|Studio album by|
|Released||21 April 1980|
|Studio||Eel Pie Studios and A.I.R. Studios, London, UK|
|Genre||Rock, new wave|
|Pete Townshend chronology|
|Singles from Empty Glass|
|Christgau's Record Guide||B−|
|Encyclopedia of Popular Music|||
|The Rolling Stone Album Guide|||
The album deals with issues that Townshend was struggling with at the time, including alcoholism, drug abuse, marital problems and deceased friends, particularly Keith Moon, the Who's former drummer, who died in 1978. Empty Glass also contained the devotional love song, "Let My Love Open the Door", which became a Top 10 hit in the US, and the modestly successful singles "Rough Boys" and "A Little Is Enough".
The album was rated No. 57 on Rolling Stone's list of the 100 greatest of the 1980s. A Gibson poll rated it at No. 5 among "the greatest albums released by an artist who was previously in a successful band".
In an interview with Murray Lerner on the film The Who: Live at the Isle of Wight, Townshend explained the album's title:
I called it Empty Glass, 'cause of this idea that when you go to the tavern – which is to God, you know – and you ask for His love – He's the bartender, you know – and He gives you a drink, and what you have to give Him is an empty glass. You know there's no point giving Him your heart if it's full already; there's no point going to God if your heart's full of Doris.
This concept was derived from the work  of the Persian poet Hafez, which Townshend became interested in from his involvement with Meher Baba, an Indian spiritual master who claimed he was an Avatar — God in human form.
The album was written and recorded between 1978 and 1980, when activity with the Who had started to pick up again, and Townshend found himself having to write for both his solo project and his band. As a result, Empty Glass was considered superior to the Who's subsequent 1981 album Face Dances, with critics calling it a Who album that never was.
The Who's lead singer Roger Daltrey later commented that he felt let down by Townshend, and that many of the songs from the album would have worked well for The Who, among them "Rough Boys" and "Empty Glass". Townshend countered by saying that "Rough Boys" was the one song Daltrey would have wanted clarified (in terms of the song's homoerotic subtext) and toned down were he to sing it, thus defeating its message, while "Empty Glass" had been recorded during sessions for Who Are You in 1978; a version featuring Keith Moon on drums and John Entwistle on bass appeared on the 1996 reissue of that album. This version is notable for suicidal undertones in the lyrics that were changed for Empty Glass: the line "Killing each other, then we jump off the ledge" became "Killing each other by driving a wedge".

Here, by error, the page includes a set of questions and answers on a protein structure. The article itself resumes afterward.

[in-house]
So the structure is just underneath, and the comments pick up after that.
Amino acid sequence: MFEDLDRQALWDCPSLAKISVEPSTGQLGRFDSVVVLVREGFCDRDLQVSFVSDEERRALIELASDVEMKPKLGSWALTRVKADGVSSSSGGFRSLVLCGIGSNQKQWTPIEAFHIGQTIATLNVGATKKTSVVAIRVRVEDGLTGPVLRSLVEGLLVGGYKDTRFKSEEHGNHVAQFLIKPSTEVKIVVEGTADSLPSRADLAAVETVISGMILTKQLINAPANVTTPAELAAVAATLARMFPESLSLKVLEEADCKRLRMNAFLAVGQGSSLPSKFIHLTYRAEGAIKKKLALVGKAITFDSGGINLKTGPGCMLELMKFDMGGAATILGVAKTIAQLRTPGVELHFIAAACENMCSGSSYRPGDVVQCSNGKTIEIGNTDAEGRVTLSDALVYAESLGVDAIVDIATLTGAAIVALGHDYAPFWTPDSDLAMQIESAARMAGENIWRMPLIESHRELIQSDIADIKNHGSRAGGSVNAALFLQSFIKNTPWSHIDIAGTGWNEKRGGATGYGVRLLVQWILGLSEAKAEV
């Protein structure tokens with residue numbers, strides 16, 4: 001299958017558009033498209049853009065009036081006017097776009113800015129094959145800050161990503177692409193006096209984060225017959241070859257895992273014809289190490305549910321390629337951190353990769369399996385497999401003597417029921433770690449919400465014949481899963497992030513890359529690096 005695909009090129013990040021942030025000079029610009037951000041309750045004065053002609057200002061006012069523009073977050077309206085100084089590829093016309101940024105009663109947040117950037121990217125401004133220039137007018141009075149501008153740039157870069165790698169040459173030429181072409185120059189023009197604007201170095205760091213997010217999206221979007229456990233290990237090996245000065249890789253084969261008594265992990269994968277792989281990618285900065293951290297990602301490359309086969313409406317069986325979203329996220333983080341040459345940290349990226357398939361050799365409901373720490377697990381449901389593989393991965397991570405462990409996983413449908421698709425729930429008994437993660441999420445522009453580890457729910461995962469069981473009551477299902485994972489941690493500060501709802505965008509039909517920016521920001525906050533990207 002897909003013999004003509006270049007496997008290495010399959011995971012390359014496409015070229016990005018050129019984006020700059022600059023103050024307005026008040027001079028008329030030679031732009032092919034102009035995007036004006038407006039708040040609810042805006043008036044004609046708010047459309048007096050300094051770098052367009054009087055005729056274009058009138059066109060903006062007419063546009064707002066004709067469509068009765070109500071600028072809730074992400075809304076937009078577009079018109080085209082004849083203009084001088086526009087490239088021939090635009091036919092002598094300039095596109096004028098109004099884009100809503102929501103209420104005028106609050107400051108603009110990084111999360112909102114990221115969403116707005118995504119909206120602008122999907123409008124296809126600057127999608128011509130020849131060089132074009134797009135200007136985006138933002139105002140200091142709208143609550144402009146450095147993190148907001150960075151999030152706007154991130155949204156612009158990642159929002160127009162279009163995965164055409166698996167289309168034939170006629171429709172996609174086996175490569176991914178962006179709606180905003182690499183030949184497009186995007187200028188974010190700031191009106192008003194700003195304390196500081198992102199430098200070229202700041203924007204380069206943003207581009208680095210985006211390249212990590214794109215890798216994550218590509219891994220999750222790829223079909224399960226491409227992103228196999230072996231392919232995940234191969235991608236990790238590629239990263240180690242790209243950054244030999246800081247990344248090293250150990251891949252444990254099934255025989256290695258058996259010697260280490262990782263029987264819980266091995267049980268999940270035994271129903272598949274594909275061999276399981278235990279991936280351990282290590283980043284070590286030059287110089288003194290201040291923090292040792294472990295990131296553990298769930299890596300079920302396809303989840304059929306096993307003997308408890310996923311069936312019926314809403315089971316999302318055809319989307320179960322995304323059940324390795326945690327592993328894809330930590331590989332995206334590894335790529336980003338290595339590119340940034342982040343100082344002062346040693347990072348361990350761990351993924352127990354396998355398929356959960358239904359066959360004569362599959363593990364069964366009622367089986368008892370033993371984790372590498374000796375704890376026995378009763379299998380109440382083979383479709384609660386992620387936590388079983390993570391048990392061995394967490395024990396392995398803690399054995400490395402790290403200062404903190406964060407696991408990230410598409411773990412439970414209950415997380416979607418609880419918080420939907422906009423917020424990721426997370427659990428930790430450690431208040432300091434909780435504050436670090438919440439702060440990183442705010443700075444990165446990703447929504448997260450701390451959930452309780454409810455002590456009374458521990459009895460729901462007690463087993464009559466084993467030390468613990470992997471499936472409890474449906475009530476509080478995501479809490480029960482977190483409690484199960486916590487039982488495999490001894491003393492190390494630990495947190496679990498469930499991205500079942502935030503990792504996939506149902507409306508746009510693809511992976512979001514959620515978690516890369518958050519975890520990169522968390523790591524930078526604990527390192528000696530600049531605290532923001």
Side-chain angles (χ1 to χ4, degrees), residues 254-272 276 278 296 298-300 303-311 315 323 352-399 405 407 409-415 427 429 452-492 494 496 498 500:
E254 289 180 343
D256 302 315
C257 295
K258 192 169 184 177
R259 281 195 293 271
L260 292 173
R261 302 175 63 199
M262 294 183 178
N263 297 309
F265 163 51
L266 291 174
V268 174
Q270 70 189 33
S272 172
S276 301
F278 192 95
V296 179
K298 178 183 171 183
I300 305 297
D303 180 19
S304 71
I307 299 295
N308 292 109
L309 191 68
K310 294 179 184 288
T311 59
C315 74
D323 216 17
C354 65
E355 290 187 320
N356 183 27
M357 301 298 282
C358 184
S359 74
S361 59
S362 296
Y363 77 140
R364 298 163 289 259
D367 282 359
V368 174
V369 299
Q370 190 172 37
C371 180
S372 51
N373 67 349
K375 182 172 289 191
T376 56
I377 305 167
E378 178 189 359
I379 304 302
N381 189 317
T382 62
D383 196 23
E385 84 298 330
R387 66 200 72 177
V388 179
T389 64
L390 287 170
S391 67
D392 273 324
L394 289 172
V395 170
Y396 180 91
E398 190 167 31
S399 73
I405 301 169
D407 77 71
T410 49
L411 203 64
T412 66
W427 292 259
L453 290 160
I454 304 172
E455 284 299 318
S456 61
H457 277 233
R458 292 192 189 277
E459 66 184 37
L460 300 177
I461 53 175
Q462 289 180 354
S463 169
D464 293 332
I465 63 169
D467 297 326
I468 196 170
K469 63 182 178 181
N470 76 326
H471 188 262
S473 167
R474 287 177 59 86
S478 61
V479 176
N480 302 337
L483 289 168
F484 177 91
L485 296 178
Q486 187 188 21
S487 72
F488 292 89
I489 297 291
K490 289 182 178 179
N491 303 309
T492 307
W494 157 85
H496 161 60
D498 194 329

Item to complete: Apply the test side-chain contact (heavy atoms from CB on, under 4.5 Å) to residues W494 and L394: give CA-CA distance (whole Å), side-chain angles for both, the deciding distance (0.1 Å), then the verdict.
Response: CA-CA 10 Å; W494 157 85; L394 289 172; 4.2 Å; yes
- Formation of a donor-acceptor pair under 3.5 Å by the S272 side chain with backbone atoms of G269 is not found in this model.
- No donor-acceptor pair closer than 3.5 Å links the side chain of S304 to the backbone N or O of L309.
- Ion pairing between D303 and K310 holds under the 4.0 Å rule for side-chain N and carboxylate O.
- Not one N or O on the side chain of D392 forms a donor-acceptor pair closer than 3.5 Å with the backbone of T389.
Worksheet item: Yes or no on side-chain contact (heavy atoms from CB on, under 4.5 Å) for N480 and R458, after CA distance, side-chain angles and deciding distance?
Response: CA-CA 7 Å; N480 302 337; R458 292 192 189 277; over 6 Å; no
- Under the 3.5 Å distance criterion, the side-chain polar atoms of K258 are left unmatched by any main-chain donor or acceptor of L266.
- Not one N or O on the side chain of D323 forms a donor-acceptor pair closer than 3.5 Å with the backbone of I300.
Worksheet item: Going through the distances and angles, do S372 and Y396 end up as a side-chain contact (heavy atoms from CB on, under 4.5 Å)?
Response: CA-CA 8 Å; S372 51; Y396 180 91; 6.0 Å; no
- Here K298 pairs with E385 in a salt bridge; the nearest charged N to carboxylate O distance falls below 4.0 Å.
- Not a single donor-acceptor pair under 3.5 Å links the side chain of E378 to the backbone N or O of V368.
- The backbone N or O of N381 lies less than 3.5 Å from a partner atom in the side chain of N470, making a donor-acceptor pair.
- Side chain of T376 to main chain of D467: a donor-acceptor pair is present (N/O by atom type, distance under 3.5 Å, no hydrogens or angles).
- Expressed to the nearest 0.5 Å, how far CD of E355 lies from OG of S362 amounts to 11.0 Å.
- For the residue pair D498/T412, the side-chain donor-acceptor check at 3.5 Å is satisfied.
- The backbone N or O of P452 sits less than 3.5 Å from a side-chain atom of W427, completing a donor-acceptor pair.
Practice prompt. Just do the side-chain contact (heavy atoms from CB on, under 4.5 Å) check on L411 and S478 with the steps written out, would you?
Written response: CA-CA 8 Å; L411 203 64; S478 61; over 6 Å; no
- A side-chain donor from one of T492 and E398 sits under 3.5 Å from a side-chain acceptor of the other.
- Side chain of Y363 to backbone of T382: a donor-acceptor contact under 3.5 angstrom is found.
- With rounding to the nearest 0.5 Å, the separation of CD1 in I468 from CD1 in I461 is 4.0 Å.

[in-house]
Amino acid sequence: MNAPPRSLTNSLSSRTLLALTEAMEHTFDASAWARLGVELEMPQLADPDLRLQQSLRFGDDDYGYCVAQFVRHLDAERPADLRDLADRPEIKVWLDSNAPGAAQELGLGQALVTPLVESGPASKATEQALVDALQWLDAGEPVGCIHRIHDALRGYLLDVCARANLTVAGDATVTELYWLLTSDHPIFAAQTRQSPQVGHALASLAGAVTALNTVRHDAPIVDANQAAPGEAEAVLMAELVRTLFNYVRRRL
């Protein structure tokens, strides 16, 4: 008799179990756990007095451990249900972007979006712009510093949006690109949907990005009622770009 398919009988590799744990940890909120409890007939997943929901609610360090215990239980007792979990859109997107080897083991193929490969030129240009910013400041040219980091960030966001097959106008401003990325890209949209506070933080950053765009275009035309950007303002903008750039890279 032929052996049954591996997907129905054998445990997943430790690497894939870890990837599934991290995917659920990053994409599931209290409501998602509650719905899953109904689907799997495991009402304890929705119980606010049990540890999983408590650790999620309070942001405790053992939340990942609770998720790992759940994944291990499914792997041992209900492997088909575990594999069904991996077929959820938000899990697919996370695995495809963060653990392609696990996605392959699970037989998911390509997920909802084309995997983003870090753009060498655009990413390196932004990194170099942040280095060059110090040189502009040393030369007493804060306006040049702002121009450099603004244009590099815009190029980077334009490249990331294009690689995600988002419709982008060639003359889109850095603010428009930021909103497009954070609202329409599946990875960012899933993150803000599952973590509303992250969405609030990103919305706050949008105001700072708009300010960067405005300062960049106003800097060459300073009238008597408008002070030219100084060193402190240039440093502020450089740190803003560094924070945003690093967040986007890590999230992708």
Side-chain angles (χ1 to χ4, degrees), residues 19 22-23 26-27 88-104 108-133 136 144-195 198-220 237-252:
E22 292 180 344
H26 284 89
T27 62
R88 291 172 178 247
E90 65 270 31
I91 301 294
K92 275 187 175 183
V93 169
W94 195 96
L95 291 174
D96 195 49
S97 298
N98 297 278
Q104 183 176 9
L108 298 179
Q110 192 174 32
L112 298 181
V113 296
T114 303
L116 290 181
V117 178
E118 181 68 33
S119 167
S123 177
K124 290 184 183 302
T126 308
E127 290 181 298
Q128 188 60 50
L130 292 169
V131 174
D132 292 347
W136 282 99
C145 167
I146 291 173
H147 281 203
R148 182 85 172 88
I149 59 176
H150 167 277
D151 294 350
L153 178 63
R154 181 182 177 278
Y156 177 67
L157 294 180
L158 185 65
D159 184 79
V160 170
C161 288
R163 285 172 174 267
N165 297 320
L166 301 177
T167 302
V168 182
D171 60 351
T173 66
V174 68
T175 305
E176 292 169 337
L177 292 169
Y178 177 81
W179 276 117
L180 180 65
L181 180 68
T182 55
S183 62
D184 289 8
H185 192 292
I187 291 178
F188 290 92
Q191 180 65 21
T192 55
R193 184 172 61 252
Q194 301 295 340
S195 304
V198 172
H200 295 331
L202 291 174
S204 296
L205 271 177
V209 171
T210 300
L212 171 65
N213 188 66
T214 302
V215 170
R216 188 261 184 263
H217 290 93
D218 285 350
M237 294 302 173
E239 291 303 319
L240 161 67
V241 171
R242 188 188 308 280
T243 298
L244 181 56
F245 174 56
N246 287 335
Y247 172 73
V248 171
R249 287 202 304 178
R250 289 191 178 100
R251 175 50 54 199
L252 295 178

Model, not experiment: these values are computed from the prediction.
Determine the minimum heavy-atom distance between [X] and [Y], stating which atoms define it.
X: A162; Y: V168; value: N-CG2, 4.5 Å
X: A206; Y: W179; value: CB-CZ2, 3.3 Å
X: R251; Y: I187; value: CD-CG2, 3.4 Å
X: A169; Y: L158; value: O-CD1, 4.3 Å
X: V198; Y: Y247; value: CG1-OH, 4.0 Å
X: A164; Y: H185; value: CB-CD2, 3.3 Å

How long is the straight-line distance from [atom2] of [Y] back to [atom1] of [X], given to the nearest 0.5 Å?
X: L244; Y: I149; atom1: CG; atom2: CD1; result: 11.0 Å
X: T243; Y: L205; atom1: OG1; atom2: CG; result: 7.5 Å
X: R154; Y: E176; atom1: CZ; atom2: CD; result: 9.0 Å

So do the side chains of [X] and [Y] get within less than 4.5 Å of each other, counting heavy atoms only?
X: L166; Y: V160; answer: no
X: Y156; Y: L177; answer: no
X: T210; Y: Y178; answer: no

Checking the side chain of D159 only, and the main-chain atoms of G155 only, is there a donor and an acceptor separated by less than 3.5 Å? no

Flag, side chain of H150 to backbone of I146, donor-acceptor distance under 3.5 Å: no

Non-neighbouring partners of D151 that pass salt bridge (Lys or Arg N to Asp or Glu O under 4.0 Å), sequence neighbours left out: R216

The album was produced by Chris Thomas, whose credits included Pink Floyd's The Dark Side of the Moon and the Pretenders' debut album. "For a long time," Townshend said, "I wanted to work with Todd Rundgren, and I asked him to produce my solo album which he agreed to do. And then I suddenly realised it probably wasn’t a good idea because we’re so alike in a lot of ways. I would like to work with him. I think he’s a better guitar player than me and a better singer but I think what really worried me about the prospect of him producing my solo album was that I’m influenced by him enough as it is. Do you understand? And I like the way I’m influenced by him at the moment."
The sleeve of the vinyl album (SD 33–100) includes this dedication:
- This album is dedicated to my wife Karen.
"Rough Boys" is dedicated to my children Emma and Minta and to the Sex Pistols.
All tracks are written by Pete Townshend.
|2.||"I Am an Animal"||3:51|
|3.||"And I Moved"||3:21|
|4.||"Let My Love Open the Door"||2:44|
|5.||"Jools and Jim"||2:36|
|6.||"Keep on Working"||3:23|
|7.||"Cat's in the Cupboard"||3:34|
|8.||"A Little Is Enough"||4:42|
|10.||"I'm Gonna Get Ya"||6:25|
|11.||"I Am an Animal" (Demo alternate vocal version)||3:48|
|12.||"Keep on Working" (Demo alternate vocal version)||3:32|
|13.||"And I Moved" (Demo alternate vocal version)||3:06|
|14.||"I'm Gonna Get Ya" (Work in progress long version)||11:24|
|"Greyhound Girl"||"Let My Love Open the Door"||song originally written for Lifehouse|
Credits are adapted from the Empty Glass liner notes.
- Pete Townshend – vocals; guitars; synthesizers
- John "Rabbit" Bundrick – "straight" keyboards
- Tony Butler – bass guitar (tracks 1, 2, 4, 5, 7, 8, 9, 10)
- Simon Phillips – drums (tracks 2, 3, 4, 7, 9, 10)
- James Asher – drums (tracks 5, 6)
- Kenney Jones – drums (track 1)
- Mark Brzezicki – drums (track 8)
- Peter Hope-Evans – harmonica on (track 7)
- Chris Thomas – producer
- Bill Price – engineer
- Steve Nye – additional engineer
- Ted Jensen – mastering engineer
- Raphael Rudd – brass arrangements on "Rough Boys"
- Bob Carlos Clarke – sleeve design
- Richard Evans – graphics
|Australia (Kent Music Report)||28|
|New Zealand Albums (RMNZ)||21|
|Norwegian Albums (VG-lista)||40|
|UK Albums (OCC)||11|
|US Billboard 200||5|
|USA||RIAA||1996||Platinum (+ 1,000,000)|
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The songs are so hard and strong they made the band jealous and Townshend's singing lets rip the harsh energy Roger Daltrey gave voice to in The Who.
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